Day 1 of the Dempsey Challenge in Lewiston, Maine. Paul Sherwin and Carmen Small.


Riders on the two day ride as part of the Dempsey Challenge to raise money for the Dempsey Center for Cancer Hope and Healing.

Riders on the two day ride as part of the Dempsey Challenge to raise money for the Dempsey Center for Cancer Hope and Healing.


Day 2 of the Dempsey Challenge in Lewiston, Maine.

Day 2 of the Dempsey Challenge in Lewiston, Maine. Patrick Dempsey and family.


Day 2 of the Dempsey Challenge in Lewiston, Maine.

Day 2 of the Dempsey Challenge in Lewiston, Maine. Pro Athletes and amazing couple, Ally Stacher and John Murphy.


Day 2 of the Dempsey Challenge at a rest

stop along the way back to Lewiston, Maine.

Paul Sherwin and Carmen Small lead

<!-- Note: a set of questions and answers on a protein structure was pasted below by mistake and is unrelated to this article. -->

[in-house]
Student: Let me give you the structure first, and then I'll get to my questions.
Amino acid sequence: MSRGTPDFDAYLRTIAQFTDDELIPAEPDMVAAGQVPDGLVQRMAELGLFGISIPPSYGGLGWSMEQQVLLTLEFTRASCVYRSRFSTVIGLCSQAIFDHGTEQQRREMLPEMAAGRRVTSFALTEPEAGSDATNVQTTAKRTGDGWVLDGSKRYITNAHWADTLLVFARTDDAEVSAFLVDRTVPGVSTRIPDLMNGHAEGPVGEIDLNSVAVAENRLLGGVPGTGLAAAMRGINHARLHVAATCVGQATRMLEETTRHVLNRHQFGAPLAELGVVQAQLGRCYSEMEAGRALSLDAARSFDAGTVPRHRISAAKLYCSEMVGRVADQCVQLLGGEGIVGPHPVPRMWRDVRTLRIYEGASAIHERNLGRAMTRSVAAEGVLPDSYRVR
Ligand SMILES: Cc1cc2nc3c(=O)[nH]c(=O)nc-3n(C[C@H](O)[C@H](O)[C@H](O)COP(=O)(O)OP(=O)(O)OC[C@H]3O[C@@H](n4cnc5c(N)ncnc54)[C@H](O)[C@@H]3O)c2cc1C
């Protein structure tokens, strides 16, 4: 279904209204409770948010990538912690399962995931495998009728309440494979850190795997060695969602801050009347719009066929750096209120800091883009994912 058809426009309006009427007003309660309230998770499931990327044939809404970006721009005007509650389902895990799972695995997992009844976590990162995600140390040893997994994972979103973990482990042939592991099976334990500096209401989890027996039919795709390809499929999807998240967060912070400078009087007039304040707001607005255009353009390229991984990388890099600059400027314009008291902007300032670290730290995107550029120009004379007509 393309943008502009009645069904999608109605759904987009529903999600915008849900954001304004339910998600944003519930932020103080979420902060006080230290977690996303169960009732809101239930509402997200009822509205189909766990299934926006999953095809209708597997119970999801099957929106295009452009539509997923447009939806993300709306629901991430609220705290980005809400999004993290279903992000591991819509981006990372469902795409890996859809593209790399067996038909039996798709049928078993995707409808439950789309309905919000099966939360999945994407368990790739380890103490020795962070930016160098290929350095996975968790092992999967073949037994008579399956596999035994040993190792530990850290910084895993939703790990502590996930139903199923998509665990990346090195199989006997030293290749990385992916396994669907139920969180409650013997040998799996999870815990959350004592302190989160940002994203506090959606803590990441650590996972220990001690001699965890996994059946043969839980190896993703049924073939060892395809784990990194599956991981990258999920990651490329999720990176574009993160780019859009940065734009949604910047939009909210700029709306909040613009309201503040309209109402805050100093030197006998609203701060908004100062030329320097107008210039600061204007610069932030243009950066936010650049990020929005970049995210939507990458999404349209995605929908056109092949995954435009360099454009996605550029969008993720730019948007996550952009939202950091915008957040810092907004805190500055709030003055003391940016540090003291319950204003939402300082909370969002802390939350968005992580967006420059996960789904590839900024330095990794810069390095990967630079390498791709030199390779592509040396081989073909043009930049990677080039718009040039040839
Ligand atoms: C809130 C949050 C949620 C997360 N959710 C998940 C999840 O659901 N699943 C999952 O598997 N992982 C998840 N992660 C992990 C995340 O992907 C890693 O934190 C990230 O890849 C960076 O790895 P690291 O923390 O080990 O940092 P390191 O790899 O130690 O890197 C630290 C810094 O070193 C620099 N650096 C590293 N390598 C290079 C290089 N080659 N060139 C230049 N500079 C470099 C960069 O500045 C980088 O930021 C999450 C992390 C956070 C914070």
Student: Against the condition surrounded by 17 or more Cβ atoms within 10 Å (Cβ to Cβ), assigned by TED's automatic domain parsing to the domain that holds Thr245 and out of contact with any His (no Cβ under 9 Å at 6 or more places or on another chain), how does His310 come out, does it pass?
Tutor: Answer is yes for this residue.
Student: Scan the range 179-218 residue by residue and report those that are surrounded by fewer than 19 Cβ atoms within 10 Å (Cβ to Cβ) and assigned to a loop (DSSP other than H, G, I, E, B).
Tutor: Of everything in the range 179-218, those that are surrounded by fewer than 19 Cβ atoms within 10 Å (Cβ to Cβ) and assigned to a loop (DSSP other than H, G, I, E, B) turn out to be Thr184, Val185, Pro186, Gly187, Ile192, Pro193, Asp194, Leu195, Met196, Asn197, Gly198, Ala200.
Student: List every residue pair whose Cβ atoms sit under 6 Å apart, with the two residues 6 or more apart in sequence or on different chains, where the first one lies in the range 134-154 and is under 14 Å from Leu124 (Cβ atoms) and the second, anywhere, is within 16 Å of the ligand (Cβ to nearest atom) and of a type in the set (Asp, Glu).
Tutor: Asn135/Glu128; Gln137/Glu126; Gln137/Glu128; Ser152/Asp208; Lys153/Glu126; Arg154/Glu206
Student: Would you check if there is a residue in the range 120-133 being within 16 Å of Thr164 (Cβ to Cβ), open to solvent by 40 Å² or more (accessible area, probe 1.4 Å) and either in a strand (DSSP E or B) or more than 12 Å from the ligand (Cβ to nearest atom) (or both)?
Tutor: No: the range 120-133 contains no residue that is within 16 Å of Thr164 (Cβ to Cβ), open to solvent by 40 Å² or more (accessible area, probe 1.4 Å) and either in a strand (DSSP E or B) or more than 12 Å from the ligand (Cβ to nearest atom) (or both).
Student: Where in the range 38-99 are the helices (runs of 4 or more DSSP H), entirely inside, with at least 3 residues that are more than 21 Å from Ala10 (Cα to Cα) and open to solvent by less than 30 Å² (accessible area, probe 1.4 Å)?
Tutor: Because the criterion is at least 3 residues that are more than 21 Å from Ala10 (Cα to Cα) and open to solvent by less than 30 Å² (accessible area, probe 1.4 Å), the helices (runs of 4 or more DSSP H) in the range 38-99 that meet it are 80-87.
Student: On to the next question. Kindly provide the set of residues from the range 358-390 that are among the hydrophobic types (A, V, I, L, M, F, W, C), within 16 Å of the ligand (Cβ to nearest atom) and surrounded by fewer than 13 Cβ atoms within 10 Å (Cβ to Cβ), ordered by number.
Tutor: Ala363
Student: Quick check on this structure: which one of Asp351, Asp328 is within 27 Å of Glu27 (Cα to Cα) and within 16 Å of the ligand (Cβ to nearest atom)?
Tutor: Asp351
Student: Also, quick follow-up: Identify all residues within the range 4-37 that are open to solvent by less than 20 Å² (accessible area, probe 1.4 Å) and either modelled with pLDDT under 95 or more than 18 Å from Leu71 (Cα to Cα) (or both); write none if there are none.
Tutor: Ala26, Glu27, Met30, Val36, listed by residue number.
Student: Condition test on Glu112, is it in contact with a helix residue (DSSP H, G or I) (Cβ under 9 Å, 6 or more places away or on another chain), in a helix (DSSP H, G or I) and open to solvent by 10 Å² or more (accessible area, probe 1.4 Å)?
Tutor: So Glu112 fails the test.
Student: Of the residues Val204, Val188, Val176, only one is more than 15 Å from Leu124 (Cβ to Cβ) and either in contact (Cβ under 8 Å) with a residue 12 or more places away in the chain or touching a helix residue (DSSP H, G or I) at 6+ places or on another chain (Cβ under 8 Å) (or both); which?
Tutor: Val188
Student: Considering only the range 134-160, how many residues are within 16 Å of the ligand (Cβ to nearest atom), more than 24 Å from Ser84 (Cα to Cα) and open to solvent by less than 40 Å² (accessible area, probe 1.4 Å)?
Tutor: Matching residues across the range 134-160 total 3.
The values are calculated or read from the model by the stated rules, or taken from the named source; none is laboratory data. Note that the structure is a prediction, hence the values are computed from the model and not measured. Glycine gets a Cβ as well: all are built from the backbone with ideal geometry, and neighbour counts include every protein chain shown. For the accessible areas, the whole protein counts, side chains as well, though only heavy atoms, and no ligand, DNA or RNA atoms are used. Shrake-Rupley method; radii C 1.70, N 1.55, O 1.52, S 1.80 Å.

the two day ride.

Off Season: Cappuccini, Running, Home Projects

What a treat for me, I get to come home and have a “staycation.”  Every year I struggle with the idea of taking a proper vacation and going somewhere on the beach to lounge and do nothing, but every year I have the same outcome.  I realize it’s the last thing I want to do; travel, get on a plane, live out of a bag, and not cook food for myself.  I got home this season and embraced Durango more then ever.  I have been going non stop training, racing, and traveling since February of 2014.  I raced a full road season, started track, and then another full road season.  Let’s be honest I was totally cracked.  I got home and melted into my sanctuary of home, friends, and family.


Durango is a special place, many people come here to vacation and I get to live here.  I have been hiking up a storm, something I never do during the season maybe I manage walk a maximum of a kilometer per day during my season.  Yeah, yeah… I never said it was good but that’s the reality of it.  I am really good at riding my bike, a one dimensional movement and I’m even better at recovering from my hard training.  Walking doesn’t fall into that plan.  So it’s time to do all the things I miss out on and try to get my body into a more balanced place, mentally and physically.